A couple of years ago, a co-worker told me that I was living in the past. When I asked her to explain she said "You're always talking about the way things used to be. You're always bringing up stuff that happened years ago."
Well, she was kinda right. She saw it as a flaw. But I see it as my need to gain perspective.
That's why I enjoy studying sappy lyrics and 70s songs and stuff like that. That's how I anchor myself. I find something that appeals to me and I latch on to it. Maybe I take it to an extreme sometimes, but I don't think so. I think what I'm really doing is finding what works for me and then sticking with it. There's nothing wrong with that. It beats wandering around aimlessly, looking for a purpose in life.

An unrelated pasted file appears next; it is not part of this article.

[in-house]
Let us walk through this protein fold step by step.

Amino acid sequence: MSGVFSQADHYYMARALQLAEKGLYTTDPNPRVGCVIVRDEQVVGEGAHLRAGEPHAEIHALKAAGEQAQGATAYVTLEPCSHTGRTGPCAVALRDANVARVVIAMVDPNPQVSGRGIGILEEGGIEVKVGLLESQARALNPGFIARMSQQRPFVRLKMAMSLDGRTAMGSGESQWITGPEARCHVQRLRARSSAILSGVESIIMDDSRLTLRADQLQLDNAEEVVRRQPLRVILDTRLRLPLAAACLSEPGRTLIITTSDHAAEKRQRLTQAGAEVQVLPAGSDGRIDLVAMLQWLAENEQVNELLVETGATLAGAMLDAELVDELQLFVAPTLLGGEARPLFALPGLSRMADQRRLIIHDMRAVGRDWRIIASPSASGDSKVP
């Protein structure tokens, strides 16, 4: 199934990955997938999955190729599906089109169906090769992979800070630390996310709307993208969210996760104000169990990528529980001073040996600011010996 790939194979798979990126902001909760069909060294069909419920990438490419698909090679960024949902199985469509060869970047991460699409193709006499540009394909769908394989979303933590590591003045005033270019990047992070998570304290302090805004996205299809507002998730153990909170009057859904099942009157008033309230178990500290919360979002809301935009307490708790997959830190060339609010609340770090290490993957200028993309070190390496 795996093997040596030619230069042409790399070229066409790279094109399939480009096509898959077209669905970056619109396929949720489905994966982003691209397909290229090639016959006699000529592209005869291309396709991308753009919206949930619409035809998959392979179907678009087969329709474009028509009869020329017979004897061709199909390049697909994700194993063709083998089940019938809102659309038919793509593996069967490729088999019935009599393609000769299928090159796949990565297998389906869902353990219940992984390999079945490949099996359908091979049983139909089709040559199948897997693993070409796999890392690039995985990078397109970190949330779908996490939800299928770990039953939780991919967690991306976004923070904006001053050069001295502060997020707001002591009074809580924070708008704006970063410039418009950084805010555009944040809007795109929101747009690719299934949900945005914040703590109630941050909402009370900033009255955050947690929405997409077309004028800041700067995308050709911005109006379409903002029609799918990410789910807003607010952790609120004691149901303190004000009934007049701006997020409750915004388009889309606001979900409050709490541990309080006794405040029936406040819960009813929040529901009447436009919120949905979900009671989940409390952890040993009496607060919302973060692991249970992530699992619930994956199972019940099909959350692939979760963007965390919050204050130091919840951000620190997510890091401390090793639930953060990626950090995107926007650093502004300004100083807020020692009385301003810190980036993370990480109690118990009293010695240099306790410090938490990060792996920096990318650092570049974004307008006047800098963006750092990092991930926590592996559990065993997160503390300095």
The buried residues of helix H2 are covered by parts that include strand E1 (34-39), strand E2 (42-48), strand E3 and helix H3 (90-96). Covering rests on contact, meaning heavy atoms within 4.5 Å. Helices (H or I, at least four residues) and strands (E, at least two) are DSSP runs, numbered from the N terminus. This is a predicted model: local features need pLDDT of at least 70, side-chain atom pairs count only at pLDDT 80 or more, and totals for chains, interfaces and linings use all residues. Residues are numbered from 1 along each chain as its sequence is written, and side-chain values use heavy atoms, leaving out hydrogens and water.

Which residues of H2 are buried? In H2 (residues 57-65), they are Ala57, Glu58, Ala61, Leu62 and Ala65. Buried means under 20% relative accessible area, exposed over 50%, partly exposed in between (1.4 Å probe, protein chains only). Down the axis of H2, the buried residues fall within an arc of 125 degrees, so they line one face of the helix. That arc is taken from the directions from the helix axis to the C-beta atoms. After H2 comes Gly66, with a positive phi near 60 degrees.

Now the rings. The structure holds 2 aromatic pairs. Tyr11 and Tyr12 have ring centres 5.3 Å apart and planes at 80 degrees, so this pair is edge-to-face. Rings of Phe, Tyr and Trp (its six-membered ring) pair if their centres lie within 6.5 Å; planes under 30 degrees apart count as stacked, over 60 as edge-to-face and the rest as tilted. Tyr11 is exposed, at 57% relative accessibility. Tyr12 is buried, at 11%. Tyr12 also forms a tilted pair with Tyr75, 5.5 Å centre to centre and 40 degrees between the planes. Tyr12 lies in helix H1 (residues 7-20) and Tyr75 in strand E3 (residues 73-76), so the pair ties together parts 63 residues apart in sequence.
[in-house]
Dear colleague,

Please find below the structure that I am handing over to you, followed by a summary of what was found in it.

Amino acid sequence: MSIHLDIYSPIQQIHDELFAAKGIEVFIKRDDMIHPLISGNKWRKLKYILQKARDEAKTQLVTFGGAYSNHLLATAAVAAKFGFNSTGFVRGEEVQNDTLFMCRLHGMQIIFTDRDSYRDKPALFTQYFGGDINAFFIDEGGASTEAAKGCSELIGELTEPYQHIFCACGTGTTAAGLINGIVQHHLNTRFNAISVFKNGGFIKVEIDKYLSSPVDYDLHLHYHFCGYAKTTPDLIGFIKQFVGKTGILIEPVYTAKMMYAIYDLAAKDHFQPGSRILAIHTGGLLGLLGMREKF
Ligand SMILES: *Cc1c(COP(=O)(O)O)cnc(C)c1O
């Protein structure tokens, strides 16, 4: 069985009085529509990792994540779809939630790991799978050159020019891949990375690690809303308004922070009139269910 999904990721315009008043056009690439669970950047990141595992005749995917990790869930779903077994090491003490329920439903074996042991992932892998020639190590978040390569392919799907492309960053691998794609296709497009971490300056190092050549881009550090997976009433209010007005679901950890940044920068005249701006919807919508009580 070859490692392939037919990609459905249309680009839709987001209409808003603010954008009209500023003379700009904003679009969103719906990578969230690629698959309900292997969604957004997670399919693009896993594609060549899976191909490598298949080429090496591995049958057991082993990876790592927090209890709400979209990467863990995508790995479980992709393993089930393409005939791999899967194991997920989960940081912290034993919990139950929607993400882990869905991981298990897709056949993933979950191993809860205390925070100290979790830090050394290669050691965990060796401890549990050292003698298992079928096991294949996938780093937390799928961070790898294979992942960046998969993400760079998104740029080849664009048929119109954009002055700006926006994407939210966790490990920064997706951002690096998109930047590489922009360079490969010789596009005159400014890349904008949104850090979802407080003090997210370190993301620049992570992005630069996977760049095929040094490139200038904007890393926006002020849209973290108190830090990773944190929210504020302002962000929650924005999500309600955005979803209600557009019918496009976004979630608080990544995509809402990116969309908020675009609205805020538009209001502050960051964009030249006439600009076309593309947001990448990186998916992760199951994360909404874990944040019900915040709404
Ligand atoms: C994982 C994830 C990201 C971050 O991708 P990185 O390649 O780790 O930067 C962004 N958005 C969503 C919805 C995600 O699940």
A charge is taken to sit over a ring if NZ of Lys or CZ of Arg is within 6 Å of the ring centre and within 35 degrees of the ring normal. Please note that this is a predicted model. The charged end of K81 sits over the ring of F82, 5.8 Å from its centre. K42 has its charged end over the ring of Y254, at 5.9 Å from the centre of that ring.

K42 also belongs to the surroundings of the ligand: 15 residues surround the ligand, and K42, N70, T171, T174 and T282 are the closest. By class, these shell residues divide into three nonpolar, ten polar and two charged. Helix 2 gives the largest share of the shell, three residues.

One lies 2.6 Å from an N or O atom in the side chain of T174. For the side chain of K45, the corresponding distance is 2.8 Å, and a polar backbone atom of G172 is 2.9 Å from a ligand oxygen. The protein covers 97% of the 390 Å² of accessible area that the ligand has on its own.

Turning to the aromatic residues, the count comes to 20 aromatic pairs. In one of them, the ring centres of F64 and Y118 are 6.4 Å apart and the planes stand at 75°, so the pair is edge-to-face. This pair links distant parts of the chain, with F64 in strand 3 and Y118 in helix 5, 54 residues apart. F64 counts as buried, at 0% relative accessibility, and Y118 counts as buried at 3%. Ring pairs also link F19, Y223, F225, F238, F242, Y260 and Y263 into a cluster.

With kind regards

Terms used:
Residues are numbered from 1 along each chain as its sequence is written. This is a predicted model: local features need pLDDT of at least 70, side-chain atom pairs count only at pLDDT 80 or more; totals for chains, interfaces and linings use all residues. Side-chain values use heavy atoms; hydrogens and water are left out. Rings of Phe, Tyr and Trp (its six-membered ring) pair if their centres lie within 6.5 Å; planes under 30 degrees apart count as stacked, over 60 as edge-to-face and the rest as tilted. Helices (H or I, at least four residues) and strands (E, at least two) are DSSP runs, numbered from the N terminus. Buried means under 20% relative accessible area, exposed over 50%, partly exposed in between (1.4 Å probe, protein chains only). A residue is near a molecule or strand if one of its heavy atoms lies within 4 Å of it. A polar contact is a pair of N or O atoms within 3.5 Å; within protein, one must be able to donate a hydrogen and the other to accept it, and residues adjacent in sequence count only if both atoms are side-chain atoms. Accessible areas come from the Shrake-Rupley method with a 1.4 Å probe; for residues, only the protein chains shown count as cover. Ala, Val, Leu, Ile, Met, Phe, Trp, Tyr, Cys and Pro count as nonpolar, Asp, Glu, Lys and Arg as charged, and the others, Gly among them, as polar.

One of my favorite teachers in school was my seventh grade social studies teacher. One day, at the beginning of the school year, he wanted to impress on our junior high skulls of mush the importance of studying history. So he called me to the front of the class and told me to walk across the front of the classroom, but to do it walking backwards. After I did it, he asked me how I did it. It took a little prodding — I didn't understand what he was getting at — but the lesson was that the only way you can walk backwards is by watching the path where you've been. You don't have eyes in the back of your head so you can't actually see where you're going. But if you study where you've been, you'll always have a clue of what's coming up next. It's not perfect — but it's all you've got.
And that's how life is. You have no choice — you have to walk through life backwards. You can never see what's coming next. But if you never lose sight of where you've been — if you study your past and the consequences of going through it — you'll have at least a glimpse of what's yet to come.
And that's a lesson that I still remember 35 years later.